People who are both smokers and heavy drinkers have a faster decline in brain function, compared with those who don’t smoke and who drink moderately, a new study suggests. Smoking and heavy drinking is associated with a 36 percent quicker decline in cognitive function.
Category results for "Alcohol"
Women are more likely to describe intoxication with moderate words such as “tipsy” or “buzzed,” while men tend to use harsher words such as “hammered” or “wasted,” according to a new study.
School anti-alcohol policies are more effective when students think they are being enforced, researchers at the University of Washington have found. Students’ perceptions of the policies’ enforcement are more important than the details of the policies.
A system of largely unregulated group homes provides poor living conditions to people throughout the country who are grappling with substance abuse, homelessness and a return to life after prison, according to Salon.com.
Teens and young adults who are treated in the emergency room for injury from an assault, who own or carry a gun, are more likely to have problems with substance abuse and aggressive behavior than those without guns, a new study finds.
A growing number of small, inexpensive personal devices measure a person’s blood alcohol level, providing drivers with an easier way to assess their fitness to drive. Experts warn the devices do not guarantee a person can drive safely, The New York Times reports.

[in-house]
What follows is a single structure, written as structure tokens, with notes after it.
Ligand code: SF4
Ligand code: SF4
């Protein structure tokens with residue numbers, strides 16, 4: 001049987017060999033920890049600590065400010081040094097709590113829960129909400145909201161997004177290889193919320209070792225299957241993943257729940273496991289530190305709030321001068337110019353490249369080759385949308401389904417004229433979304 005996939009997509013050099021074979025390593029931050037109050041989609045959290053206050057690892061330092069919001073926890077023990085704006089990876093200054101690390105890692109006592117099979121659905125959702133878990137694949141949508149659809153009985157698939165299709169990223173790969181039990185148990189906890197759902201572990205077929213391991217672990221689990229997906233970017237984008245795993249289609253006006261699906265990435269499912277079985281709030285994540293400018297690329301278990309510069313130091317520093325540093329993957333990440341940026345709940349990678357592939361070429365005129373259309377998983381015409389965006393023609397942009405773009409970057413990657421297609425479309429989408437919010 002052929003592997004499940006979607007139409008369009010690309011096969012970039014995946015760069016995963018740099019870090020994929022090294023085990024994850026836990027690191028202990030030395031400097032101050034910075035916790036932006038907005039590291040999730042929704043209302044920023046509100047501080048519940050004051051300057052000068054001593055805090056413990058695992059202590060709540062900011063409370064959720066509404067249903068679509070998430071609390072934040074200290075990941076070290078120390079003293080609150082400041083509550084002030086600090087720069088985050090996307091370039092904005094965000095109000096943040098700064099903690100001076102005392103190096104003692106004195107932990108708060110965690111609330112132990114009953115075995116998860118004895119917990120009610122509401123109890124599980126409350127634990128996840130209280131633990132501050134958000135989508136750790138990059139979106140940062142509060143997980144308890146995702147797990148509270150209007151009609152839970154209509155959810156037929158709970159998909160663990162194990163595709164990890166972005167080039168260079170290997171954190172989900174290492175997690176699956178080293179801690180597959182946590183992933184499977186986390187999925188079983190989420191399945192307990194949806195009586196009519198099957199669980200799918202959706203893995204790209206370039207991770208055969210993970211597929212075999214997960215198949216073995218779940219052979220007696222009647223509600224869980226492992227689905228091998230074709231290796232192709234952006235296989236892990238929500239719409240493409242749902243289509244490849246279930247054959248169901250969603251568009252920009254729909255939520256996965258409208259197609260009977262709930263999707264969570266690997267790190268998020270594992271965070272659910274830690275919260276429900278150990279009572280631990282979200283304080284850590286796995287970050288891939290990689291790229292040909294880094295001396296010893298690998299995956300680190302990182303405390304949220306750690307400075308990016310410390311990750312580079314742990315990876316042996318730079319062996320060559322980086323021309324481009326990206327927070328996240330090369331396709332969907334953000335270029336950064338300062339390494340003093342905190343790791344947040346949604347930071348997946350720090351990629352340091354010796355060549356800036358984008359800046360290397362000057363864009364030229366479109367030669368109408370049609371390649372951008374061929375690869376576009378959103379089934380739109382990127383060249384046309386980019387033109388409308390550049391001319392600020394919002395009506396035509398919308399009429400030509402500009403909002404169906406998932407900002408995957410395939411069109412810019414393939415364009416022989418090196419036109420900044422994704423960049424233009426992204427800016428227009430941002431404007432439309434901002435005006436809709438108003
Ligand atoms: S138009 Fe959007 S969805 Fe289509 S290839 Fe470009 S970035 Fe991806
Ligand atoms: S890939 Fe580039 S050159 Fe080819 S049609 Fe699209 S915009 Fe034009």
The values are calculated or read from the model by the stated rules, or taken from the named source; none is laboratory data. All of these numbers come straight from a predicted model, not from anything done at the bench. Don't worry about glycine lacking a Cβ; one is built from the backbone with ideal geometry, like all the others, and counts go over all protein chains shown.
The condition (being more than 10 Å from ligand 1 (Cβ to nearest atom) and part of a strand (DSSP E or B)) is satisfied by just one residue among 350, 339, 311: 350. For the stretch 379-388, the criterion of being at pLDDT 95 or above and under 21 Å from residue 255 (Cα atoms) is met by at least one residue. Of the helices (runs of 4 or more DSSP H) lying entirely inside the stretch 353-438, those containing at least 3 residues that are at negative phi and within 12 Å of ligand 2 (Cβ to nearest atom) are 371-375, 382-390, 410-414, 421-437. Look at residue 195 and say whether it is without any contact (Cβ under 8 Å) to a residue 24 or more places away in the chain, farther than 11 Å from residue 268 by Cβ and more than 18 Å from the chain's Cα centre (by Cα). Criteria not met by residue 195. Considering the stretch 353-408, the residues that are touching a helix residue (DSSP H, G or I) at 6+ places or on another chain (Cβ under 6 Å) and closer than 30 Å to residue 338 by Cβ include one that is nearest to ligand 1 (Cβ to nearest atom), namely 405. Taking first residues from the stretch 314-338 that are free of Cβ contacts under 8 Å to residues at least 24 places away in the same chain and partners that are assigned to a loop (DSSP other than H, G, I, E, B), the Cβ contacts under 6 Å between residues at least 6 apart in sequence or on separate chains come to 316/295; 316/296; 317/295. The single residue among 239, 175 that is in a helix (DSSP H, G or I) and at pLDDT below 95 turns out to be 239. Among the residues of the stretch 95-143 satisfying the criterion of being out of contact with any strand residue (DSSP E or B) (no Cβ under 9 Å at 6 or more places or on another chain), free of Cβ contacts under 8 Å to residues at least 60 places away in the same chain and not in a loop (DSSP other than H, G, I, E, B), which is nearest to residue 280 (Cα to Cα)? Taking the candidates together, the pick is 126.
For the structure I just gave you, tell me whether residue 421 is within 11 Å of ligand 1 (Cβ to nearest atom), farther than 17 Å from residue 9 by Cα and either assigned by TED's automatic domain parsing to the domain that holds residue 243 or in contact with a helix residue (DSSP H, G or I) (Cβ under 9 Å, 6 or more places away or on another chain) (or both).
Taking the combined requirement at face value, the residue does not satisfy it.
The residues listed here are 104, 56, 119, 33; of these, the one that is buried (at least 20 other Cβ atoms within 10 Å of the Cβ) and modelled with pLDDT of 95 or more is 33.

A study of youth exposure to alcohol finds 37 percent of children in one Pennsylvania county had tasted alcohol by age 8, and two-thirds had tried it by the time they were 12.
As the workday grows ever longer, an increasing number of companies are offering alcohol as an office perk, according to The Wall Street Journal. Employment lawyers say the trend can lead to problems including drunk driving, assault, sexual harassment or rape.
Disrupting memories of past drinking, by blocking a pathway in the brain linked to learning and memories, may help reduce alcoholic relapse, a study of rats suggests.
Children who were exposed to cigarette smoke prenatally may be at increased risk of addiction, a new study suggests. The smoke may interfere with the brain’s reward processing system, Time.com reports.